Church Culture Life Theology

Bonhoeffer vs the celebrity pastor

To be a celebrity means to be celebrated as a person of fame and influence. And the Church loves to celebrate its most brilliant and exceptional leaders.

But with the plunge of high-profile pastors like Mark Driscoll and Tullian Tchividjian (pronounced cha-vi-jin) this past year, evangelicals have been forced—once again—to face the follies of celebrity culture.

Many cite Driscoll’s leadership errors with the same vitriol that Tchividjian’s critics lampoon him for his past infidelity. As much as it’s important to hold leaders accountable, publicly ridiculing them for their shortcomings and sins might not be addressing the real problem. Albeit, if Driscoll does indeed get convicted for racketeering, public ridicule is appropriate I would think.

The real problem, I believe, is celebrity culture and what it does to the fabric of God’s community. If the errors of the shepherd cause the sheep to scatter, we have to ask, what was holding the flock together in the first place?

Speaking to this situation is the German theologian and martyr, Dietrich Bonhoeffer. In his classic manifesto on Christian community, Life Together, Bonhoeffer reminds us that God (not one single person) is the creator and sustainer of the Christian community. “God has already laid the only foundation of our fellowship,” he says, “because God has bound us together in one body with other Christians in Jesus Christ, long before we entered into common life with them.”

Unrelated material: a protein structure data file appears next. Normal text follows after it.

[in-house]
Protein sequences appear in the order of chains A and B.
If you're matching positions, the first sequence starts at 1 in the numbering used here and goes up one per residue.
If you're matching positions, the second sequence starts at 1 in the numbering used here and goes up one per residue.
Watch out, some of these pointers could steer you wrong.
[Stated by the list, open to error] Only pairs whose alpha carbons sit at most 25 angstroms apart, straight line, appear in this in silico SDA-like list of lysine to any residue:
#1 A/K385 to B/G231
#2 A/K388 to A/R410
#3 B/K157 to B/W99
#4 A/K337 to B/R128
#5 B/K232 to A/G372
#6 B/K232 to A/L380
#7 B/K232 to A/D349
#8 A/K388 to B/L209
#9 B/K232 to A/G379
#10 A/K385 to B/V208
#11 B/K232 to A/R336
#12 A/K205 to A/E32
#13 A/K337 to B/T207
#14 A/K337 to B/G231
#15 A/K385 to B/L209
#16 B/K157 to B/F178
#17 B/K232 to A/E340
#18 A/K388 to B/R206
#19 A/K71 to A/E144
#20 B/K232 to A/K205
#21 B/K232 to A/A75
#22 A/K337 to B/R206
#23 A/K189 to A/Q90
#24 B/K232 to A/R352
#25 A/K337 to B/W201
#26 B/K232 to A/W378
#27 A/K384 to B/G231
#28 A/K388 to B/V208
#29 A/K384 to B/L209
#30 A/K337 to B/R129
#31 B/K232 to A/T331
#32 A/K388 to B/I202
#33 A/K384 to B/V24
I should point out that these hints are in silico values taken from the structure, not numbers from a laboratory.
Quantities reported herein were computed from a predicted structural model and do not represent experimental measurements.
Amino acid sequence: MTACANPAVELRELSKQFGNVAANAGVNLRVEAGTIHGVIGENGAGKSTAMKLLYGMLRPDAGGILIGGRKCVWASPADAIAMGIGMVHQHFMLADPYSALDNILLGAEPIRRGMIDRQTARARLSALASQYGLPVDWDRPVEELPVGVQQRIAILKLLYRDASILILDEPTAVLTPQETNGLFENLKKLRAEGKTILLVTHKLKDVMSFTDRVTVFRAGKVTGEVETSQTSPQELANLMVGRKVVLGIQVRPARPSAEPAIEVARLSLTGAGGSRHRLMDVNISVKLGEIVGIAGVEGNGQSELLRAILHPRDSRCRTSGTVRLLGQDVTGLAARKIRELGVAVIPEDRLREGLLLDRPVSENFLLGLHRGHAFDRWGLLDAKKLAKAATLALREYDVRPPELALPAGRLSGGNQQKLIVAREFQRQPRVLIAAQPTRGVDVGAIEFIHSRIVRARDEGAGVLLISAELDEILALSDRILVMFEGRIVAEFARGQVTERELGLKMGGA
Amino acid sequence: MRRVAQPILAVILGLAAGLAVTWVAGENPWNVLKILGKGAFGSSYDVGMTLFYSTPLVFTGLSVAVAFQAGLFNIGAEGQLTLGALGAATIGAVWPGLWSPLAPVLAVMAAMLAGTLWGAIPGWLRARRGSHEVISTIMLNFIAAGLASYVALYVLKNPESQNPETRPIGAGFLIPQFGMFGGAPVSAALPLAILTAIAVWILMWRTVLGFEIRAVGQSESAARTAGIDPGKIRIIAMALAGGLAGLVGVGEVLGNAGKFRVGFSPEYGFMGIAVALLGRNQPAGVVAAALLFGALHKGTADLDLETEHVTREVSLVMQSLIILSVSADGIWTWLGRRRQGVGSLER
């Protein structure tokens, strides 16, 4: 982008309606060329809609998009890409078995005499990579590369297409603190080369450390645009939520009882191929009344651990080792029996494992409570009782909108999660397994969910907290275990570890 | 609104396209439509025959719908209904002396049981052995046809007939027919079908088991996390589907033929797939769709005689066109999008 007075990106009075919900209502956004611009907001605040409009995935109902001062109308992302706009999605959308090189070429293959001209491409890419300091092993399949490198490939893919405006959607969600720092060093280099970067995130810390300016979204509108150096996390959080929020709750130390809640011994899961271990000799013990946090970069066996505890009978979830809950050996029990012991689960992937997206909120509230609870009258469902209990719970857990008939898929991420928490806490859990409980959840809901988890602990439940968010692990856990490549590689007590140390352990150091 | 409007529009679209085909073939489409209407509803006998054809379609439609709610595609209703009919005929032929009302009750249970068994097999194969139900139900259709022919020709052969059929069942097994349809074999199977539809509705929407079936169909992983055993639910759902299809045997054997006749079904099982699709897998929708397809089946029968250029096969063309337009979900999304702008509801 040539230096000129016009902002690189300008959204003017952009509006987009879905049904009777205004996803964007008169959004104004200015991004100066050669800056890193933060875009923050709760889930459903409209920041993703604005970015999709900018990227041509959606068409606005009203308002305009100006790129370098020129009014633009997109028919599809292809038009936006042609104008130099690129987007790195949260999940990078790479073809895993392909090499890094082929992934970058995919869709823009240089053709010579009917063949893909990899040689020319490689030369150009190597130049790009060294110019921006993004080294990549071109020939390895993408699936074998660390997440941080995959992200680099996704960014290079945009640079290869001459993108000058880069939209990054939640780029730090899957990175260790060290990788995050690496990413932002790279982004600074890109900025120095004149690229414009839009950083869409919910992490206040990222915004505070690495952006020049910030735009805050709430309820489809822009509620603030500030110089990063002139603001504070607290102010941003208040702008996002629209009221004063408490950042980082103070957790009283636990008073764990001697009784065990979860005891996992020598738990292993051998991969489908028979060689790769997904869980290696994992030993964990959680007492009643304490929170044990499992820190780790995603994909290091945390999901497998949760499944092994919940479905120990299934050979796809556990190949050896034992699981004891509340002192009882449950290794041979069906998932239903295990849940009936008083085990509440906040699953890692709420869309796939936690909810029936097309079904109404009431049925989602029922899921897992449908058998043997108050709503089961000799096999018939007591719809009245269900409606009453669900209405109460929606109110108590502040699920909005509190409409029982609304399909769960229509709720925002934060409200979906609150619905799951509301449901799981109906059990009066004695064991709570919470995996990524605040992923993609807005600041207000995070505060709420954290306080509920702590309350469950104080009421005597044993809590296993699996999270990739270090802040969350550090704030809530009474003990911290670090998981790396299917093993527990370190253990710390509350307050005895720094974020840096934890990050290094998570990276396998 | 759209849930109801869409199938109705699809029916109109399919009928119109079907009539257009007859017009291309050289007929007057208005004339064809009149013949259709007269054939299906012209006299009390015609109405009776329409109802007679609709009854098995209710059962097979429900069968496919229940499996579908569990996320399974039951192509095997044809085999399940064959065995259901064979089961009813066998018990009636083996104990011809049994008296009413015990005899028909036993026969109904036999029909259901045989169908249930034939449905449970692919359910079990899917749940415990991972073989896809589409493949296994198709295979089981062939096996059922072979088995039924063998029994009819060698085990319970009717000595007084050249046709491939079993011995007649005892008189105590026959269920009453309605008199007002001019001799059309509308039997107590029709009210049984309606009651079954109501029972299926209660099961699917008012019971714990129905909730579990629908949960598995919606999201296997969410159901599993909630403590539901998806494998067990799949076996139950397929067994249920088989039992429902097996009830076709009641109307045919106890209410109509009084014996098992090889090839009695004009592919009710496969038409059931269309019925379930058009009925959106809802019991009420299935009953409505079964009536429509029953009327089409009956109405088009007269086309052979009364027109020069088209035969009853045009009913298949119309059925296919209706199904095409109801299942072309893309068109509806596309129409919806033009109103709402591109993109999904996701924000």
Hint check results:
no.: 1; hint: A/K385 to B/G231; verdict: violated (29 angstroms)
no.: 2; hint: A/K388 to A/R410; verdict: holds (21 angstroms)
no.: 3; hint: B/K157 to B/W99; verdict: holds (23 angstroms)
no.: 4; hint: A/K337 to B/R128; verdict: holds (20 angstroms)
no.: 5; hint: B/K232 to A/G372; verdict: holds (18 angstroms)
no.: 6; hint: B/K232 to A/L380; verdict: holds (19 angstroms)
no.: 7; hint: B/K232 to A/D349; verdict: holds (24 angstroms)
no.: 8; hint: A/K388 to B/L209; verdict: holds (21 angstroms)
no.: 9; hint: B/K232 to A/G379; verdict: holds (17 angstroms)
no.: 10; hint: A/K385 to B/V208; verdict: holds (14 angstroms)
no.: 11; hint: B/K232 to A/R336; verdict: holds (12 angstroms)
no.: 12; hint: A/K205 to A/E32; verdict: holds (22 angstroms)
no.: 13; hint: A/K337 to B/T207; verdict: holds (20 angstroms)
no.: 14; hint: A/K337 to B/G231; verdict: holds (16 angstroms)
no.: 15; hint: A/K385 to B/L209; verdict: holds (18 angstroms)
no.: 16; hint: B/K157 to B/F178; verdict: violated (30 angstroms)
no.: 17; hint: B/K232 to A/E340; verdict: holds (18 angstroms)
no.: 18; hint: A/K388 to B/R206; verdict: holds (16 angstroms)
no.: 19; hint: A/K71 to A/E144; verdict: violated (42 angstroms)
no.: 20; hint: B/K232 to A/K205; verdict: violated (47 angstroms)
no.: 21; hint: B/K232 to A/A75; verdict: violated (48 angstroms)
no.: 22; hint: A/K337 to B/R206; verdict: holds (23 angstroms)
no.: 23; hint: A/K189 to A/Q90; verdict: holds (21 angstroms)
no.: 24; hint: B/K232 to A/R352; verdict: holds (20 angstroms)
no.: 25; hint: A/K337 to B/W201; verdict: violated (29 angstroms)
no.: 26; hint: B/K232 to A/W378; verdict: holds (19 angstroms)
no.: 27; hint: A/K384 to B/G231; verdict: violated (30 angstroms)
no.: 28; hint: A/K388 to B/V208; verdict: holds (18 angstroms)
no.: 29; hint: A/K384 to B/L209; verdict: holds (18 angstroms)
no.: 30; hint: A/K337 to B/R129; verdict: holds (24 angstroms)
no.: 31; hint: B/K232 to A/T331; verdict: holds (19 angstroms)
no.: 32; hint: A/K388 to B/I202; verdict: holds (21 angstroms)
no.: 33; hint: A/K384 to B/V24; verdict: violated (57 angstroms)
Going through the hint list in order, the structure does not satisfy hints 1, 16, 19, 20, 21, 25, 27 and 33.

As such, Christ has made authority in the Christian community dependent upon faithful service to one another, not on the “brilliant personalities” or “distinguished qualities” of one exceptional leader.

Did you catch that? Faithful service towards one another is what sustains the church.

Bonhoeffer wasn’t impressed by eloquence or charming personalities and neither should we, really. Rooted deeply in Luther’s theology of the cross, Bonhoeffer believed in the life of cruciform discipleship and its ethical applications in a world of evil and suffering.  To suffer with the weak and vulnerable is to be Christ in the world. The cross is what led Bonhoeffer to love people in community

Bonhoeffer is known today—perhaps not as famously as he should be, ironically—for being martyred by the Nazis. From a human perspective, he was a failure. But this failure of a man was faithful to God.

It’s interesting. During his life and immediately following his martyrdom, Bonhoeffer wasn’t known as a celebrity—he wasn’t a person who was celebrated for his fame and influence. Success for him didn’t revolve around New York Times best-selling books or church growth. Actually, he didn’t think in terms of success and failure as we think of it today. Rather, he sought to do God’s will faithfully—and often quietly. And now nearly 70 years after his death, Bonhoeffer is being recognized (or celebrated?) for his faithfulness to God and his contribution to Christian theology.

Bonhoeffer’s work speaks to us today. He speaks to the distorted belief that celebrity pastors, with their instant fame and exceptional qualities, are the ones who create and sustain Christian community. He calls us to seek Christ on the cross, where God is hidden under weakness and suffering solidarity. He calls us to create communities founded on togetherness, faithful service, and the proclamation of the cross.

None of this should be new to us. But we forget in a world obsessed with celebrity culture and the hype of instant fame and influence.